American History Rocks in Bloody, Bloody Andrew Jackson
Dallas actor Cameron Cobb played Hamlet in 100-degree heat in Samuell-Grand Park last summer for Shakespeare Dallas. He portrayed numerous roles, male and female, in Kitchen Dog's excellent two-hander The Turn of the Screw this spring. Now it's his manifest destiny to occupy the title role in Theatre Three's rude and raucous musical Bloody, Bloody Andrew Jackson.
It's a bizarre, angry, funny, balls-out rock musical based on facts about American history, the seventh president and what he did to the people who lived on this continent before the Mayflower brought white folks to it. Full of intentionally anachronistic references to the "Occupy" movement, the Tea Party (the one with Joe the Plumber, not the earlier one in Boston Harbor) and certain maverick-y presidential candidates of the recent past, the show wraps it all in a throttle-up emo style that fits Cobb right down to his black-polished fingernails.
Created at New York's Public Theater in 2009 by Alex Timbers (book) and Michael Friedman (music and lyrics), the show is R-rated Schoolhouse Rock, mixing facts with fiction, and songs with profane vignettes, in the telling of the main character's far-out ideas about how to make the country larger and more powerful. (Hey, Indians, screw you!) Was Jackson a genius or simply an attractive hick swept into office on a platform of genocide and land grabs?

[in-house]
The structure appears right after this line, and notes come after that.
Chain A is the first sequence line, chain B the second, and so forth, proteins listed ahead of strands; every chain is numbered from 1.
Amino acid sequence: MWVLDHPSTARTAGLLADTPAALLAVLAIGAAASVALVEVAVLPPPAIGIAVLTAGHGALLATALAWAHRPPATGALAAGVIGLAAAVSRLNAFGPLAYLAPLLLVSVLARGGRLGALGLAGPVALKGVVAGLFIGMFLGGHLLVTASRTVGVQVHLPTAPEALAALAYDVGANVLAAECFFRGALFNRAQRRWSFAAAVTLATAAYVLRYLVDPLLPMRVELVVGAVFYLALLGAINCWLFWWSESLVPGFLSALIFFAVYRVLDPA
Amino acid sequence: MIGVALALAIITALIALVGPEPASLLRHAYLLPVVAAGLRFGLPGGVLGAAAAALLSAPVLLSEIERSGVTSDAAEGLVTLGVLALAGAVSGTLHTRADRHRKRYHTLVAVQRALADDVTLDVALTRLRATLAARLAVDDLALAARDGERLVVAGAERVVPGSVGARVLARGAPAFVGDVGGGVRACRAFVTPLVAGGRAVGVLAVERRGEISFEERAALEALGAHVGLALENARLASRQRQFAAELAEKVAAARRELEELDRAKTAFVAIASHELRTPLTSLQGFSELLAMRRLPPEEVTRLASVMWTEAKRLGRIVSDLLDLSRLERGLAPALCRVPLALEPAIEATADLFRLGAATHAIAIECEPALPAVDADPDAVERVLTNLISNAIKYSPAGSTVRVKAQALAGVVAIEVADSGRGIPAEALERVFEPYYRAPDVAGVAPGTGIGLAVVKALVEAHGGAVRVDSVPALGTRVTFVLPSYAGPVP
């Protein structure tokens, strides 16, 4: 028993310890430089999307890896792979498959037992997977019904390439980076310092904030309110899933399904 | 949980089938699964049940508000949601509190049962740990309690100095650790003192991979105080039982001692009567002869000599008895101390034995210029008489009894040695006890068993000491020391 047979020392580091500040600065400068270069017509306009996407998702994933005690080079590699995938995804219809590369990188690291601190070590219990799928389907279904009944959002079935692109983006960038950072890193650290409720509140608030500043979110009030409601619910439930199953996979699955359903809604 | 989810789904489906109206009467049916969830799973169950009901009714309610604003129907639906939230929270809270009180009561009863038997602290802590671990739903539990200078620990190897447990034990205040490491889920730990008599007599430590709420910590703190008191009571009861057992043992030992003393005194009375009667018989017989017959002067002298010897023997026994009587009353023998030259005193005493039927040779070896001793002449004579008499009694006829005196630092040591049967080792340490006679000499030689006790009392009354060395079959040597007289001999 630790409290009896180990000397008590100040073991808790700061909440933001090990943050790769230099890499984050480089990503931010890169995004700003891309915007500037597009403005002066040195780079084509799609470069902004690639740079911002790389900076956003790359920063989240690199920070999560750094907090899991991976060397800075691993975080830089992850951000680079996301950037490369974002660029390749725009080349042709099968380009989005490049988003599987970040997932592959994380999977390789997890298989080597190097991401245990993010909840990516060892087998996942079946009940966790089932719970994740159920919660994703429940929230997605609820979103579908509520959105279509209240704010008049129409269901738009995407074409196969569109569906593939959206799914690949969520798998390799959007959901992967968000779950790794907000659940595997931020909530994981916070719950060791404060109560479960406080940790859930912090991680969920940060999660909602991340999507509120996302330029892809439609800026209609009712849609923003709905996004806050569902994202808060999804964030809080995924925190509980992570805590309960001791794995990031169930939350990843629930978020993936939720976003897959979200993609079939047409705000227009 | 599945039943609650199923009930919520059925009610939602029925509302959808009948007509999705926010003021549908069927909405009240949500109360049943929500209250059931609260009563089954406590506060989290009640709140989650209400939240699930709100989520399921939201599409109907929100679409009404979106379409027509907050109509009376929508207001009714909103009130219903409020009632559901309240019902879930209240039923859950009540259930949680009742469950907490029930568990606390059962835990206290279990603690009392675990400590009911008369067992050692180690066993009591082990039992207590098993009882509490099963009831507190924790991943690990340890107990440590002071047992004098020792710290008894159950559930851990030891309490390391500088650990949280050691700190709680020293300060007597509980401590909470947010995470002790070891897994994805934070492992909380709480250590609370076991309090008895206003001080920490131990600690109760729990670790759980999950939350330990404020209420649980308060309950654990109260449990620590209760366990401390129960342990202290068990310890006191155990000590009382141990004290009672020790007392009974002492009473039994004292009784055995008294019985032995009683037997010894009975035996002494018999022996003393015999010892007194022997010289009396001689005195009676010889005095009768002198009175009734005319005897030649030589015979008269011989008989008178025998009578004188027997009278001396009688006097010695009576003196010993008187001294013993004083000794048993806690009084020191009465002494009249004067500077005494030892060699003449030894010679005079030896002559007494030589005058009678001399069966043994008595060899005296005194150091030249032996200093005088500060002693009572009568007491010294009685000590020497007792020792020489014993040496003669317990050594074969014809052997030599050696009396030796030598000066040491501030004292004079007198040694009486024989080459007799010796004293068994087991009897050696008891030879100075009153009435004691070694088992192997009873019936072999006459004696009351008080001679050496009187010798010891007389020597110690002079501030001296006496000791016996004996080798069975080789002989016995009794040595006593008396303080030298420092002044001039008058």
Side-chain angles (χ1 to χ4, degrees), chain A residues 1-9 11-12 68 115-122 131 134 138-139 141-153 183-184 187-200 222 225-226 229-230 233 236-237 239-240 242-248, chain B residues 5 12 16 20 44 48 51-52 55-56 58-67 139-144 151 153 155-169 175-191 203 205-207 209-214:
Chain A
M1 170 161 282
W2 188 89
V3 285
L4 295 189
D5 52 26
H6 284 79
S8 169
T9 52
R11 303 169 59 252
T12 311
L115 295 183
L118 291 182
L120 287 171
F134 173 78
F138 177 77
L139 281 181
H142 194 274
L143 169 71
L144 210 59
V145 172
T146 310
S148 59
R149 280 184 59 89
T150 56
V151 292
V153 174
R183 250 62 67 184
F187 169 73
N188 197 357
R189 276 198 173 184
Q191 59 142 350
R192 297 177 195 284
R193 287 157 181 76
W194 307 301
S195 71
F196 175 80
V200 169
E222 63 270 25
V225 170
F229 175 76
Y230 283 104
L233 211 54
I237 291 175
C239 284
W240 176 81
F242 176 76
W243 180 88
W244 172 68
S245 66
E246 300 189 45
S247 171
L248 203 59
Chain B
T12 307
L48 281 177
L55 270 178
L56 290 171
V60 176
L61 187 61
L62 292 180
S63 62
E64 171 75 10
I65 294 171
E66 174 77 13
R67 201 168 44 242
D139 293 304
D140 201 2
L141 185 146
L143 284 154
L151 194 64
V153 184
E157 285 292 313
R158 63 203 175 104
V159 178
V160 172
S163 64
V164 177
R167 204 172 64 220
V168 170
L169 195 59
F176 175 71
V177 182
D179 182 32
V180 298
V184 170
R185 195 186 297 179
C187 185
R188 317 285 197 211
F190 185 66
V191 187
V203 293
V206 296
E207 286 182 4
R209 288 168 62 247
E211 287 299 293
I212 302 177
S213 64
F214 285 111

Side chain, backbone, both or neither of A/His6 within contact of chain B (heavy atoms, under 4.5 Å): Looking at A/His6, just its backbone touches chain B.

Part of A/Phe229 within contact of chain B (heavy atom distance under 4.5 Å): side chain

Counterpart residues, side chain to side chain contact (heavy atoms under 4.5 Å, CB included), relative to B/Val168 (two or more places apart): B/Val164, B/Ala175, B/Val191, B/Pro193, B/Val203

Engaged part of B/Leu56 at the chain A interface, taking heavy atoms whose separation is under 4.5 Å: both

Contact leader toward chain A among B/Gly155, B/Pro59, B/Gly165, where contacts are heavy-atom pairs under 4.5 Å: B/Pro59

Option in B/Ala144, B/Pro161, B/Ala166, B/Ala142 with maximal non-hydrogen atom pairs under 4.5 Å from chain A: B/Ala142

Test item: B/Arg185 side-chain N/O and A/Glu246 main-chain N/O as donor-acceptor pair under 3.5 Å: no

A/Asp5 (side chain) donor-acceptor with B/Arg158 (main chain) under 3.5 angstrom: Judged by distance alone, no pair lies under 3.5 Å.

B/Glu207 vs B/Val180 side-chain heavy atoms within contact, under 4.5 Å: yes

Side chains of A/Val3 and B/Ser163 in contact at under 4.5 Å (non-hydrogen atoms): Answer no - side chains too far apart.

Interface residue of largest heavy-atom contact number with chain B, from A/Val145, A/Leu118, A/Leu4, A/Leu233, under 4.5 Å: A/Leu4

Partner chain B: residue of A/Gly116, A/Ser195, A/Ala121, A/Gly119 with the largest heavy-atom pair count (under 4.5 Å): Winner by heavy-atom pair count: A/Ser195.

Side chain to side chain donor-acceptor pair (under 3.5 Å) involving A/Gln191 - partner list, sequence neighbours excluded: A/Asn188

Cobb's omnisexual swagger in his tight black jeans and red, white and blue cutaway coat turns Andy Jackson into an early American poster boy who gets the populace excited with empty platitudes and a talent for shootin' stuff. As Jackson whores for votes, he starts out singing "I'm Not That Guy," followed shortly by "I'm So That Guy." The score's best is a loud number called "Populism Yea Yea!," in which the chorus sings: "And we're gonna take this country back for people like us, who don't just think about things." (Today it's more like "who just don't think.")
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Like The Daily Show, this musical builds its outrageously entertaining bits around legitimate truth. Implied throughout the evening is how much Americans like a streak of showbiz in their leaders. We'd love a rock god as president. (Bieber, you've heard our plea. Now grow up and lead us out of this mess.)
The onstage band and the large cast, directed by Bruce R. Coleman, get the joke. They're having such fun with this show that it's easy to enjoy it with them. Cobb's the best thing to hit stodgy old Theatre Three in many a moon. Is there another actor in town who could do this role with such swagger, such a knowing smirk underneath the black lipstick? I vote no.
Bloody, Bloody Andrew Jackson continues through July 7 at Theatre Three. Call 214-871-3300.
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